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21 of 22 people found the following review helpful
5.0 out of 5 stars Original and gripping
Somewhat against my expectations, I thought this was a really excellent book. The story, set in present-day Glasgow, is of a request for a professional gunman to kill a small-time drug dealer and of its consequences for the various people involved. It sounds like a rather run-of-the-mill crime thriller, but turned out to be original, gripping and, to me at least, very...
Published on 6 Jan. 2013 by Sid Nuncius

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3 of 3 people found the following review helpful
3.0 out of 5 stars A good debut but not without its issues
This book was recommended to me as a fresh take on the crime novel from a new Scottish author. Plenty other reviewers have provided a synopsis of the plot so I won't waste time explaining it again here.
It definitely injects new ideas and a takes a fresh approach to the modern tradition of Scottish crime literature but I agree with other reviewers about influences...
Published 22 months ago by AlbaBoy


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21 of 22 people found the following review helpful
5.0 out of 5 stars Original and gripping, 6 Jan. 2013
By 
Sid Nuncius (London) - See all my reviews
(No. 1 Hall OF FAME REVIEWER)    (TOP 10 REVIEWER)   
This review is from: The Necessary Death of Lewis Winter (The Glasgow Trilogy) (Hardcover)
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Somewhat against my expectations, I thought this was a really excellent book. The story, set in present-day Glasgow, is of a request for a professional gunman to kill a small-time drug dealer and of its consequences for the various people involved. It sounds like a rather run-of-the-mill crime thriller, but turned out to be original, gripping and, to me at least, very haunting.

It is less a police procedural than a sort of drugs-world contract killing procedural. The narrative style is very pared down with few adjectives and almost no similes. It generally uses very short sentences. Quite often without a verb. I found this extremely effective and I was very quickly engrossed. The narrative is all third-person, but we get the thoughts and perspectives of a number of characters throughout the book, each of whom is very well portrayed. Descriptions are brief but very evocative, like this when a character hides in an alley: "The smell in the alley doesn't help. It's nothing specific, just a dirty smell. A mixture of all of life's ugly things, all pushed into the corners." We also get some very perceptive glimpses of people's inner worlds, like the young hit-man reflecting on his future: "It's a chilling thought. You work hard, take risks and make sacrifices when you're younger, and all you end up with is a craving for the things you sacrificed."

The plotting is excellent, the pacing is very taut and it makes for an exceptionally well-told and gripping story - but it is a good deal more than that, I think. For once, the publisher's hype is close to being justified; I think Malcolm MacKay really is a remarkable new voice in crime fiction and one that I enjoyed very much. I will certainly be looking out for the next in the trilogy, and I recommend this one very warmly indeed.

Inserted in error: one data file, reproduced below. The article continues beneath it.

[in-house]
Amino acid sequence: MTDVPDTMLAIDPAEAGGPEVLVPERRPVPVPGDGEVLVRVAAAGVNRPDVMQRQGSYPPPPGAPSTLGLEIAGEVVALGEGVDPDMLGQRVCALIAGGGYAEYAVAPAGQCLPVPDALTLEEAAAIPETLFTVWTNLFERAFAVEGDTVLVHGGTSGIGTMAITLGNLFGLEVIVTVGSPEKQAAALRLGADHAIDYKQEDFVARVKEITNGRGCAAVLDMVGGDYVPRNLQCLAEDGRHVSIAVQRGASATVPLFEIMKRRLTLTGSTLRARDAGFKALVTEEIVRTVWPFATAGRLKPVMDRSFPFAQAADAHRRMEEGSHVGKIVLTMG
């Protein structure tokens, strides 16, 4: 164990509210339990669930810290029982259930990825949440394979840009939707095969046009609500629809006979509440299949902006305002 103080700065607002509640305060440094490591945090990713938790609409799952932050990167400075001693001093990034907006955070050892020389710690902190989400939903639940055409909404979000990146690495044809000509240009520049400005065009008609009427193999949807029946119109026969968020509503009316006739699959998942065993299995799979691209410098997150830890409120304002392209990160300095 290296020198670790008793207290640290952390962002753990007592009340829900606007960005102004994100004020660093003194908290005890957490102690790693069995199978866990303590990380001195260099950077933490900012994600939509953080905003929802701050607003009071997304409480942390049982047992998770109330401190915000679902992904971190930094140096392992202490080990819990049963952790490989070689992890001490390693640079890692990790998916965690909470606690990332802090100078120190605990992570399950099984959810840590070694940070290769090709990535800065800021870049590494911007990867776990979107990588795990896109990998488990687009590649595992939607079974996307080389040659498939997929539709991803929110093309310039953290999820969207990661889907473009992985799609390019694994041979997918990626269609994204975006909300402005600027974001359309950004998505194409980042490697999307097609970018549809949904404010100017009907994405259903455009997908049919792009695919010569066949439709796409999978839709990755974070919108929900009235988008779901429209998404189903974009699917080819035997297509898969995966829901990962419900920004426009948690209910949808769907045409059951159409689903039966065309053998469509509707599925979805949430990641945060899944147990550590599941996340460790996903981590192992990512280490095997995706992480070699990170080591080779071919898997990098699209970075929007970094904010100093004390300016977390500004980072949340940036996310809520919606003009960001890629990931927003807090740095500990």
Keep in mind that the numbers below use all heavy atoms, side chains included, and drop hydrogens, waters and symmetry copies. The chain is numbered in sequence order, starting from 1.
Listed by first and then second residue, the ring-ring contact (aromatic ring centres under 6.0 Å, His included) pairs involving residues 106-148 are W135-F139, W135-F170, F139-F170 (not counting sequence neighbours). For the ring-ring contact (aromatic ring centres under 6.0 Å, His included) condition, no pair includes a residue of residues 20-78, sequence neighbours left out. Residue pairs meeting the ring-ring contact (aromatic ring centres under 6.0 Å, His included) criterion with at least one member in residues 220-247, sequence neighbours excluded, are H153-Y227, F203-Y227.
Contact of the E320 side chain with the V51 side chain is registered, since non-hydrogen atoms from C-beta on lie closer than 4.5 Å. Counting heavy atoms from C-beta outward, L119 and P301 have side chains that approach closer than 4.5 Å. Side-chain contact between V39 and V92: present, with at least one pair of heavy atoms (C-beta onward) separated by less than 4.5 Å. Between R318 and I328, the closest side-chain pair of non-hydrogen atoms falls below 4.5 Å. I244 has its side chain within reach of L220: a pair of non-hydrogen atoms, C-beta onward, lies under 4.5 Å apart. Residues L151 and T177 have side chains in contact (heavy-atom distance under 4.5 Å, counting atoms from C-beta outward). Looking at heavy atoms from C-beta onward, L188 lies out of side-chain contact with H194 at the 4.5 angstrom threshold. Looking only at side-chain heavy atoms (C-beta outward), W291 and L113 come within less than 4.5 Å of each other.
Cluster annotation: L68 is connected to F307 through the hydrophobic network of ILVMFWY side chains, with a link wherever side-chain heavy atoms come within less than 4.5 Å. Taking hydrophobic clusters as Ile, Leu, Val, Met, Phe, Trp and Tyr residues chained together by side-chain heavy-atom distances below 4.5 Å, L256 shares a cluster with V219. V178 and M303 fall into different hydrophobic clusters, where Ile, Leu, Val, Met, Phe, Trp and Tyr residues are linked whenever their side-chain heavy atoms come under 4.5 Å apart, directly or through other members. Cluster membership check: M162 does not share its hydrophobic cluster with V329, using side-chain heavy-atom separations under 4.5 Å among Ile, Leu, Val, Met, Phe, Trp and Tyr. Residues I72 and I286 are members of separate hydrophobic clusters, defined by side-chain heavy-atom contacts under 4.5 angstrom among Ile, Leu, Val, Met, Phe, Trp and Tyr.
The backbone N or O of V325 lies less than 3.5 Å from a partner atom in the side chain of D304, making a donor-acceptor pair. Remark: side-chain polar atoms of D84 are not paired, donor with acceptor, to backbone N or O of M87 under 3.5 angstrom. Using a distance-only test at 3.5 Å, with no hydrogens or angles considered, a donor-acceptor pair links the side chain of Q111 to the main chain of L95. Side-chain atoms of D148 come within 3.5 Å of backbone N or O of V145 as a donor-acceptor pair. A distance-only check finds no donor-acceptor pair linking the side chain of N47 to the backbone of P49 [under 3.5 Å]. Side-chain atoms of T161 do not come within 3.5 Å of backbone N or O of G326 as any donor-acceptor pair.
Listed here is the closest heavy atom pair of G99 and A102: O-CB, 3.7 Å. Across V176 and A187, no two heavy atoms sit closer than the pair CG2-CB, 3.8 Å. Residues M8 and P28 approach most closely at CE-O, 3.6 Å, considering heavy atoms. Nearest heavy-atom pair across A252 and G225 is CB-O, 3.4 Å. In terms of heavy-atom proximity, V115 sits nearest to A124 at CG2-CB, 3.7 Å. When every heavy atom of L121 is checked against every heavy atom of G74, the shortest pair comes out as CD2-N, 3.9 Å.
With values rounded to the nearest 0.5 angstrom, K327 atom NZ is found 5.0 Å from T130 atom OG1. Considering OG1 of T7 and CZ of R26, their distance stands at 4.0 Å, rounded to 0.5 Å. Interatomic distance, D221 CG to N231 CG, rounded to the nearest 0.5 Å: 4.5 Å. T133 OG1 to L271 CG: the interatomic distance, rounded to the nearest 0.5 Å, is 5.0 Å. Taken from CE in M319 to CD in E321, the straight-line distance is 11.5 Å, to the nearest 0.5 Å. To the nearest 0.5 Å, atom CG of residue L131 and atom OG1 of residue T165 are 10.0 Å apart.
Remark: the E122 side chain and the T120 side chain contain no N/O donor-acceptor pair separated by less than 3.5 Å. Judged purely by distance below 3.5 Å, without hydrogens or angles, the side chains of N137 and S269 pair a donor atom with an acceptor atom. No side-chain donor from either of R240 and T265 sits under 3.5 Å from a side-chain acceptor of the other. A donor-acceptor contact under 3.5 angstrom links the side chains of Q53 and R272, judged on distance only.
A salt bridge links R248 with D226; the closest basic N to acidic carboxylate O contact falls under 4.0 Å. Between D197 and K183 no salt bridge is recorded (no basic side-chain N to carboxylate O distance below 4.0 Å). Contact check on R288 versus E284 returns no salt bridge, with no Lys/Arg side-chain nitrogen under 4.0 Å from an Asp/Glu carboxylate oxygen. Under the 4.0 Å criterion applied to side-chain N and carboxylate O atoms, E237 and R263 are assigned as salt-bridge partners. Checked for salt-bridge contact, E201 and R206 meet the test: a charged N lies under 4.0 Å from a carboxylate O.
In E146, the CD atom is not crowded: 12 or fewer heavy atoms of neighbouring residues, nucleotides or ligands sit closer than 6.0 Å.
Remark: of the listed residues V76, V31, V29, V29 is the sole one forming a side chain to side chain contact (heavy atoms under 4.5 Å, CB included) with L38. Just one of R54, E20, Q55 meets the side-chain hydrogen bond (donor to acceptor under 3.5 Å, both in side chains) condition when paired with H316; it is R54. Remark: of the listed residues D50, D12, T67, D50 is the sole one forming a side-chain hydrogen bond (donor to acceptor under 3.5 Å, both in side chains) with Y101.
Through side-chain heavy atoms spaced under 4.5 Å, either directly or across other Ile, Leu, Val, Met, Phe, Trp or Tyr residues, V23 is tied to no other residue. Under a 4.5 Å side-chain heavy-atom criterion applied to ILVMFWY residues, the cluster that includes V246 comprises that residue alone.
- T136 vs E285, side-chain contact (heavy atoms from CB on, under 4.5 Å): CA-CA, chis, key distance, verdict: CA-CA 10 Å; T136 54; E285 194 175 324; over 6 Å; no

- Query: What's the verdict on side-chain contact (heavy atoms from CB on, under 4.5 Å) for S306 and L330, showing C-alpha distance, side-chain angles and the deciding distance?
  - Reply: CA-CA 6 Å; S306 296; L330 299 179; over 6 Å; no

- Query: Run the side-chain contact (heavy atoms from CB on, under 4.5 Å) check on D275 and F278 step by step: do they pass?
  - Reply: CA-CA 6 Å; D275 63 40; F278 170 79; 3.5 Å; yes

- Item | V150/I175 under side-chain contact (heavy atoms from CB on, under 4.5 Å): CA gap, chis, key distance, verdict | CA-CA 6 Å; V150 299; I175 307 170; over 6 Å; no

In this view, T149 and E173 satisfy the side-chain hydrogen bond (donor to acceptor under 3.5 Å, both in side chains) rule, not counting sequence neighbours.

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3 of 3 people found the following review helpful
3.0 out of 5 stars A good debut but not without its issues, 8 May 2013
By 
AlbaBoy (Western Isles) - See all my reviews
This review is from: The Necessary Death of Lewis Winter (The Glasgow Trilogy) (Hardcover)
This book was recommended to me as a fresh take on the crime novel from a new Scottish author. Plenty other reviewers have provided a synopsis of the plot so I won't waste time explaining it again here.
It definitely injects new ideas and a takes a fresh approach to the modern tradition of Scottish crime literature but I agree with other reviewers about influences being drawn from American crime literature.

Positives
- An entertaining and believable collection of characters that hold your interest throughout the story. Although none of them are particularly likeable to the reader, they are well drawn and suited to the plot.
- Whilst the story does draw on traditional gangland fodder, it creates a narrative that is new and interesting.
- Telling the story in third-person present tense from the perspective of the cast of characters allows you to see the events from different perspectives and helps to hold your interest.
- The story is lean and doesn't rely on extended descriptive prose, allowing for the plot to take centre-stage.
- The pace of the storytelling is steady and clinically controlled. This makes a pleasant change from books that rely on the big bangs and explosions that some books rely on to move the story along.

Negatives
- For me, it completely lacks any sense of place. Other than being directly told it takes place in Glasgow at the beginning of the book, the story makes no other tangible reference to its setting. There are no street names, areas, pubs, shops landmarks to help ground the story apart from a brief reference to a nightclub name and an ambiguous mention of 'the river'. This is in stark contrast to the likes of Ian Rankin's Rebus series where Edinburgh plays a starring role. I know the author chose to omit lengthy descriptions of settings but the lack of 'Glasgow' in a Glasgow gangland novel is a significant weakness in my eyes.